Auckland, St John’s College MS 1 (Margaret M. Manion, Vera F. Vines, and Christopher de Hamel, Medieval and Renaissance Manuscripts in New Zealand Collections (Melbourne, London and New York: Thames and Hudson, 1989), no. 49), Bible, Germany, fourteenth century.
This is the binding and part of the text of the so-called Bischewo Bible, acquired by A. W. Reed around 1925. It is in a modern binding structure, but on this has been “mounted” the old, late fifteenth- or sixteenth-century boards that formed one of its early bindings. These boards are covered in tanned calf (once a rich dark brown, but blackened over time). The cover has been extensively tooled. The decoration is described in detail by Manion, Vines, and de Hamel: the binder used panels, stamps, rolls, and “fillets” (roll tools used to create decorative rules). Images of Adam and Eve, the crucifixion, and the brazen serpent are matched by words “PER ADAM MORS”, “PER CHRIST. VITA”, and “NUM. 21”.
We can add detail to Manion, Vines, and de Hamel’s description of the “metal fittings” on the book. These are very elaborate. The book had two fastenings, which closed in the German fashion, so that the catch plates appear on the edge of the upper board. Indentations show that there were also anchor plates but these and the straps and hook-clasps they bore are missing. The catch plates have been decorated with a pattern of engraved lines and turned circles. Their mechanism is comparable to that depicted in Szirmai, Figure 9.47 [a]. The book also had brass corner guards and strips of brass forming protective guards all around its edges (some now missing). The corner guards comprise a separate boss attached to a single nail (visible in the case of one guard on the upper board where the boss has come off) mounted on a corner piece made from sheet metal (see Szirmai, Fig. 9.55  and -).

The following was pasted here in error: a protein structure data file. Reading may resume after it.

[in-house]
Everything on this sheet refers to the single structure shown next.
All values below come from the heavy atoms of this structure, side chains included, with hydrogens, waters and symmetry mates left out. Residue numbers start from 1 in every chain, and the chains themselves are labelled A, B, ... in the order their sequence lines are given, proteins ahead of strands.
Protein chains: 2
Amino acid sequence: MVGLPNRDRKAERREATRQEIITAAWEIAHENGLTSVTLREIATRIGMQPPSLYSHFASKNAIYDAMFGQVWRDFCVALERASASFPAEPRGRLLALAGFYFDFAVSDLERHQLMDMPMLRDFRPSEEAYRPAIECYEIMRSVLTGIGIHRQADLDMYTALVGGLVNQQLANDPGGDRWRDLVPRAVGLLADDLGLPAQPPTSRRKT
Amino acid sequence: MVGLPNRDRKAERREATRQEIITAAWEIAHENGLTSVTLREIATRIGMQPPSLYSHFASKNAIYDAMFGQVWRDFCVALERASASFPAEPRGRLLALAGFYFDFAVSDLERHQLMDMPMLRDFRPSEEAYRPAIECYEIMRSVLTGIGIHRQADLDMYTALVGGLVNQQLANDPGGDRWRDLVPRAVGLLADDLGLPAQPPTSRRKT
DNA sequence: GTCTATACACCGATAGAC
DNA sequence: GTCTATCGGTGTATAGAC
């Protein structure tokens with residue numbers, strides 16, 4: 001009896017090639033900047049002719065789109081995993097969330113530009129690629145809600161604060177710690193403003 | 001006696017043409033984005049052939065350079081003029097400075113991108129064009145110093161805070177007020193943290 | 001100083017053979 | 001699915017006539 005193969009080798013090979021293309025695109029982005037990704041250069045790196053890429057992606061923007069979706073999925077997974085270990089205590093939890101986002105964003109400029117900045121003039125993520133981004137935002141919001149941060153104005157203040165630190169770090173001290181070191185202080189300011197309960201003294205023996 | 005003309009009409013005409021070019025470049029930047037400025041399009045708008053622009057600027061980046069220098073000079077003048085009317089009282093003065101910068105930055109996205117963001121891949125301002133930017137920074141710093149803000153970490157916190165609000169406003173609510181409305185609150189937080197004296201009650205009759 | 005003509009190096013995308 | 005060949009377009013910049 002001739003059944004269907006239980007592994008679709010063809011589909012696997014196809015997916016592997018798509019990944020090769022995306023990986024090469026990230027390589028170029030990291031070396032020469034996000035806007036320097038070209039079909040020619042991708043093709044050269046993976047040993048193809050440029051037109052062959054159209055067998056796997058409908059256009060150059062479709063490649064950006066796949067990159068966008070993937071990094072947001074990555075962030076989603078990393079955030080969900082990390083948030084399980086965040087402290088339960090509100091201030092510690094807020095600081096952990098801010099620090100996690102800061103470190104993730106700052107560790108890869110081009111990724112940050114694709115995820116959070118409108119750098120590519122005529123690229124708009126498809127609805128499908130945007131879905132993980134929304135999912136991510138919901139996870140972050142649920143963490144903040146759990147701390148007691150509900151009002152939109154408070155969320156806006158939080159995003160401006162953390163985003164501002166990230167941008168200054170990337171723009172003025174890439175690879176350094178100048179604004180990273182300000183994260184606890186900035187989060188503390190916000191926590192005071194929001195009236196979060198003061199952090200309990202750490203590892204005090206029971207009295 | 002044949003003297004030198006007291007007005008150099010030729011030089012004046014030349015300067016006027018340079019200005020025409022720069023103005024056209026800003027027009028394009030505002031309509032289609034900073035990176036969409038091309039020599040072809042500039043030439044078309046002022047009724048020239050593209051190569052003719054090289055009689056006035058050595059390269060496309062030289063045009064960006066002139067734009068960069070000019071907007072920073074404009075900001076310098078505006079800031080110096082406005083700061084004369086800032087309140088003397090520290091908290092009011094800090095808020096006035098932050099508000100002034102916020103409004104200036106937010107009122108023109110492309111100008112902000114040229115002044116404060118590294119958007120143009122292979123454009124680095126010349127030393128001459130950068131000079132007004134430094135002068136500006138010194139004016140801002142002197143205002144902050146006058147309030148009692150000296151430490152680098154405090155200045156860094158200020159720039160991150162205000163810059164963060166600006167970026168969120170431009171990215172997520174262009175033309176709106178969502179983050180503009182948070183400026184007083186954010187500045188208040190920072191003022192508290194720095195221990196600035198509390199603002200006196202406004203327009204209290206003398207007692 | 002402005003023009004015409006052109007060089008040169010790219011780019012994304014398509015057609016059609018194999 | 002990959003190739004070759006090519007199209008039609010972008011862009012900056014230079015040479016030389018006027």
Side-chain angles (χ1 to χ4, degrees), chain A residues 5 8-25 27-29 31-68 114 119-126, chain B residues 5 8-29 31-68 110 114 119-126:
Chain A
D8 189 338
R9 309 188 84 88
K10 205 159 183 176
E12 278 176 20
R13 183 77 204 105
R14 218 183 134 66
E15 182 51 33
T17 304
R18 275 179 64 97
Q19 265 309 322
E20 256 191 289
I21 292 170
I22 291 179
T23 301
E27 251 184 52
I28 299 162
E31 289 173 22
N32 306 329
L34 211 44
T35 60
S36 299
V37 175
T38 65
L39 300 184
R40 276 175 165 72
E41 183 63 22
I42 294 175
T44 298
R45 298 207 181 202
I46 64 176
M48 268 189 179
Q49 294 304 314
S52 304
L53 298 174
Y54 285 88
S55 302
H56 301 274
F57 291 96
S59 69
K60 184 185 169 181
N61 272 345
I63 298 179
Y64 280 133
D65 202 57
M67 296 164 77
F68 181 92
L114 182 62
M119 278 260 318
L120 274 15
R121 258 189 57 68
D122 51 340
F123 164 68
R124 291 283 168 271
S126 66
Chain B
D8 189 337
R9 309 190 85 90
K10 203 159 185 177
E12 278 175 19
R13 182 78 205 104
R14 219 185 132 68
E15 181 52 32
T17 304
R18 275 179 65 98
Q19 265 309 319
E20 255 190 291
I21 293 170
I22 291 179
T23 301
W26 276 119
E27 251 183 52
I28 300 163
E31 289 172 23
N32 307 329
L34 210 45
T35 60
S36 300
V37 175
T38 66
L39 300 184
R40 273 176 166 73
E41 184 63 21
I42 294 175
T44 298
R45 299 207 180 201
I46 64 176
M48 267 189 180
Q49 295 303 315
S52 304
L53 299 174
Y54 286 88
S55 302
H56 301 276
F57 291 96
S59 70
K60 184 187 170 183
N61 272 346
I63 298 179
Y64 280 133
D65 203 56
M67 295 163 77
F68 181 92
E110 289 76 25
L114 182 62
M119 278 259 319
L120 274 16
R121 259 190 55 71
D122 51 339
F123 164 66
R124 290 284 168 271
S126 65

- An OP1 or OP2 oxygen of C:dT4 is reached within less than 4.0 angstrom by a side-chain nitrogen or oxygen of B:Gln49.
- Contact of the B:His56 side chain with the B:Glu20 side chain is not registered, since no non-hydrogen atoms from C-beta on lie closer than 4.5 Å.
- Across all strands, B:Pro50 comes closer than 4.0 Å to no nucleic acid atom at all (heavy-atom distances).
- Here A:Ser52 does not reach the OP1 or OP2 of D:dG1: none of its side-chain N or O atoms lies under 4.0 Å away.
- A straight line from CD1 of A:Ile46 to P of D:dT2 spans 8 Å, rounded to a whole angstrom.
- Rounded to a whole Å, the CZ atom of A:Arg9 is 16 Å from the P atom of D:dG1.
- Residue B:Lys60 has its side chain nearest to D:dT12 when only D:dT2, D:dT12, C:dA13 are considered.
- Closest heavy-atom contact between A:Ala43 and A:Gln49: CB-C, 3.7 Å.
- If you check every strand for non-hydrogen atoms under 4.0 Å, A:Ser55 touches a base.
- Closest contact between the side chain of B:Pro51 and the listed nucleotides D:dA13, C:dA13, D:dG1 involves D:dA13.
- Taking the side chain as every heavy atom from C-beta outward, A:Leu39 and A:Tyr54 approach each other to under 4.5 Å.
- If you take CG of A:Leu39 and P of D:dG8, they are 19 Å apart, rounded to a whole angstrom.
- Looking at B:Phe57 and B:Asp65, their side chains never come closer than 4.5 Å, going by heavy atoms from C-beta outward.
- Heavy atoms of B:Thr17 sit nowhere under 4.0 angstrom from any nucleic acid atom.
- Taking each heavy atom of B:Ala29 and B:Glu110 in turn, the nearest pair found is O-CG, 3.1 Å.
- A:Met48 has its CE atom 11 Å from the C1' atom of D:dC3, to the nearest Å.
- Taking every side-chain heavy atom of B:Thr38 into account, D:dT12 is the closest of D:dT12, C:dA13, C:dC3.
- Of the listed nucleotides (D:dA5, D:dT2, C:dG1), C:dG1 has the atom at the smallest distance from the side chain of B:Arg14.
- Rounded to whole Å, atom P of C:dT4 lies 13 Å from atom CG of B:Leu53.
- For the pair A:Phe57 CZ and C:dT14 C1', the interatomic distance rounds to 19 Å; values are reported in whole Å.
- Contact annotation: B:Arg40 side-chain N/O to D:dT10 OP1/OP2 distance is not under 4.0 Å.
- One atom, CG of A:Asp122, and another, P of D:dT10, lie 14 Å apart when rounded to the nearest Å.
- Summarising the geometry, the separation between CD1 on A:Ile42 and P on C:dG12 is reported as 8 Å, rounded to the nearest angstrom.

It is of note that the binder nowhere prepared the board for the fastenings or furnishings, and that where these have been lost the cover is decorated. This suggests that the metal fittings were added after the book was bound, and not necessarily by the binder who applied and decorated the cover. Extensive furnishing of this sort was most common for “frequently used works and books to which the public had access”. Also of note are fragments of paper from an early printed book that appears to have been used to reinforce the binding in some way – perhaps as pastedowns. The words that are visible on these fragments are in a “gothic” – textualis — fount.
Thanks for the John Kinder Theological Library, Auckland, for permission to use the photographs, and to Helen Greenwood for her help.
 See also Migrations: Medieval Manuscripts in New Zealand, ed. Stephanie Hollis and Alexandra Barratt (Newcastle: Cambridge Scholars, 2007), pp. 18-19, 37-38, 40, and Ian Dougherty, Boots and Books: The Story of New Zealand Publisher, Writer and Long Distance Walker, Alfred Hamish Reed (Dunedin: Otago University Press, 2005), p. 112.
 J. A. Szirmai, The Archaeology of Medieval Bookbinding (Farnham: Ashgate, 1999), p. 263.